Introduction ::Panama

    Explored and settled by the Spanish in the 16th century, Panama broke with Spain in 1821 and joined a union of Colombia, Ecuador, and Venezuela - named the Republic of Gran Colombia. When the latter dissolved in 1830, Panama remained part of Colombia. With US backing, Panama seceded from Colombia in 1903 and promptly signed a treaty with the US allowing for the construction of a canal and US sovereignty over a strip of land on either side of the structure (the Panama Canal Zone). The Panama Canal was built by the US Army Corps of Engineers between 1904 and 1914. In 1977, an agreement was signed for the complete transfer of the Canal from the US to Panama by the end of the century. Certain portions of the Zone and increasing responsibility over the Canal were turned over in the subsequent decades. With US help, dictator Manuel NORIEGA was deposed in 1989. The entire Panama Canal, the area supporting the Canal, and remaining US military bases were transferred to Panama by the end of 1999. In October 2006, Panamanians approved an ambitious plan (estimated to cost $5.3 billion) to expand the Canal. The project, which began in 2007 and could double the Canal's capacity, is expected to be completed in 2015.

Geography ::Panama

    Central America, bordering both the Caribbean Sea and the North Pacific Ocean, between Colombia and Costa Rica
    9 00 N, 80 00 W
    total: 75,420 sq km
    country comparison to the world: 118
    land: 74,340 sq km
    water: 1,080 sq km
    slightly smaller than South Carolina
    total: 555 km
    border countries: Colombia 225 km, Costa Rica 330 km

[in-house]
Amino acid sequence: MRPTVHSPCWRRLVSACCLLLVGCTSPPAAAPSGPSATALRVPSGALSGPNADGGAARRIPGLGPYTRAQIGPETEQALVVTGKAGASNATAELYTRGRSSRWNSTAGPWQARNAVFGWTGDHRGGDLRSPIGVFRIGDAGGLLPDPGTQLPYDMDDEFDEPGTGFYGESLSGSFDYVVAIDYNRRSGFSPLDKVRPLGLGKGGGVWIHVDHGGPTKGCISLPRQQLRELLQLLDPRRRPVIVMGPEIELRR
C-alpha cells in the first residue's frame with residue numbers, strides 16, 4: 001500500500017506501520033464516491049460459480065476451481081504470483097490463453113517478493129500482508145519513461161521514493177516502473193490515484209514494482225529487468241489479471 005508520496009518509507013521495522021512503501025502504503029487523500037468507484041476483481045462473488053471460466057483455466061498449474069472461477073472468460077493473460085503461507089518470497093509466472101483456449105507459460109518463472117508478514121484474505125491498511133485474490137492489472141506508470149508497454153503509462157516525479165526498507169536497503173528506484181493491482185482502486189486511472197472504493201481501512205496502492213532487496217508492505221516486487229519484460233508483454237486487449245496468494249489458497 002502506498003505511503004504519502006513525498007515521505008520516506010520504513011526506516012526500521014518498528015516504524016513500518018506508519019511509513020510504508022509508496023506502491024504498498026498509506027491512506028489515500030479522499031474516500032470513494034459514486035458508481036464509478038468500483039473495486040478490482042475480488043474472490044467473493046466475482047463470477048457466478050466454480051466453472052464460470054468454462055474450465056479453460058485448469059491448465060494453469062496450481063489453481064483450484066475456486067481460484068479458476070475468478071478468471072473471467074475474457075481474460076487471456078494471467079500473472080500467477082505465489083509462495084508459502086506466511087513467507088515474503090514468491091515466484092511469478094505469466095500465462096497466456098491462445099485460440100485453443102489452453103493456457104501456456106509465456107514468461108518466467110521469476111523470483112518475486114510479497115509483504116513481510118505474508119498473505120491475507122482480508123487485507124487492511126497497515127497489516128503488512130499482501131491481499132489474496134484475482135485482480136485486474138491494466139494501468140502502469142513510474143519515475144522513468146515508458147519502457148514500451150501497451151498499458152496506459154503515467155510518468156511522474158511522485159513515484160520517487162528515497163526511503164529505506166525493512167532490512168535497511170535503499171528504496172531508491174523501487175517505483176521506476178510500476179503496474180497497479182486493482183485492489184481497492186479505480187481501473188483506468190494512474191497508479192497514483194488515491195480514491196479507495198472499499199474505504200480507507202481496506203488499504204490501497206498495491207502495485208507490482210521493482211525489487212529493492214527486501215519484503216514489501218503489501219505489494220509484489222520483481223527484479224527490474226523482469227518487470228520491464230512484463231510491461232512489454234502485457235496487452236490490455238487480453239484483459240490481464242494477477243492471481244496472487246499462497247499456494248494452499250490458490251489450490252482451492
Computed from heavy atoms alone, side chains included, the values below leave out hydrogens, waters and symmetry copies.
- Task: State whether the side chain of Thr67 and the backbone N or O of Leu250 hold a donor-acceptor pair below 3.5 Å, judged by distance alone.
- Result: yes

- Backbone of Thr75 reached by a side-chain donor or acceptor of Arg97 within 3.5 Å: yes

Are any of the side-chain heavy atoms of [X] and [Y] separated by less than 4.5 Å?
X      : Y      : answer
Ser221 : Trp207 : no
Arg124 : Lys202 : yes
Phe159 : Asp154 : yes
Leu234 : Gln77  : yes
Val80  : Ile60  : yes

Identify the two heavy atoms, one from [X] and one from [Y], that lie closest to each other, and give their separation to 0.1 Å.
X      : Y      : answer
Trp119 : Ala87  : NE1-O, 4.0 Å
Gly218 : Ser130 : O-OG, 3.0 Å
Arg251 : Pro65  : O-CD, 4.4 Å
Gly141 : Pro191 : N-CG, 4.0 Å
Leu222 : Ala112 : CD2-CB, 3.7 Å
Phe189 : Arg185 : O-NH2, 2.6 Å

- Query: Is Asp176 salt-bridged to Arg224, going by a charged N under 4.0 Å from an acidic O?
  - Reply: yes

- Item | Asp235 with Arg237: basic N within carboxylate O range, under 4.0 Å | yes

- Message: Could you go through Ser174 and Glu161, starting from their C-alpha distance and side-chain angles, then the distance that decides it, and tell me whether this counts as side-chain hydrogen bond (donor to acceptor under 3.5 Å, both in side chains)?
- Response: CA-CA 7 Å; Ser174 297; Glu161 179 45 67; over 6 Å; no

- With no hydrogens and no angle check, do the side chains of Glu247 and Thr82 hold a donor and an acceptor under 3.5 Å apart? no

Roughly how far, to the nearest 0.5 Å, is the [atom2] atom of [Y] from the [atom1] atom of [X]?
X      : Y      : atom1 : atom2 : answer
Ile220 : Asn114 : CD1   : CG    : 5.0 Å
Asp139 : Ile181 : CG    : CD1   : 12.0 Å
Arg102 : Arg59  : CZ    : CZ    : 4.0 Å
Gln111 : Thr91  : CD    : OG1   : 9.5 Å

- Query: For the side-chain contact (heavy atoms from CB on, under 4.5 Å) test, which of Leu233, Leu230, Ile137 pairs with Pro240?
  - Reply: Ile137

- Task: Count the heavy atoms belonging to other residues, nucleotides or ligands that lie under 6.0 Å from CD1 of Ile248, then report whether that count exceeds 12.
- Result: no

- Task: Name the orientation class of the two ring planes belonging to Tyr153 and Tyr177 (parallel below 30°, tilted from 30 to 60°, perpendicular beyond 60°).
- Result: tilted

2,490 km
    territorial sea: 12 nm
    contiguous zone: 24 nm
    exclusive economic zone: 200 nm or edge of continental margin
    tropical maritime; hot, humid, cloudy; prolonged rainy season (May to January), short dry season (January to May)
    interior mostly steep, rugged mountains and dissected, upland plains; coastal areas largely plains and rolling hills
    lowest point: Pacific Ocean 0 m
    highest point: Volcan Baru 3,475 m
    copper, mahogany forests, shrimp, hydropower
    arable land: 7.16%
    permanent crops: 2.51%
    other: 90.33% (2011)
    346.2 sq km (2003)
    148 cu km (2011)
    total: 0.91 cu km/yr (27%/2%/71%)
    per capita: 296.1 cu m/yr (2005)
    occasional severe storms and forest fires in the Darien area
    water pollution from agricultural runoff threatens fishery resources; deforestation of tropical rain forest; land degradation and soil erosion threatens siltation of Panama Canal; air pollution in urban areas; mining threatens natural resources
    party to: Biodiversity, Climate Change, Climate Change-Kyoto Protocol, Desertification, Endangered Species, Environmental Modification, Hazardous Wastes, Law of the Sea, Marine Dumping, Ozone Layer Protection, Ship Pollution, Tropical Timber 83, Tropical Timber 94, Wetlands, Whaling
    signed, but not ratified: Marine Life Conservation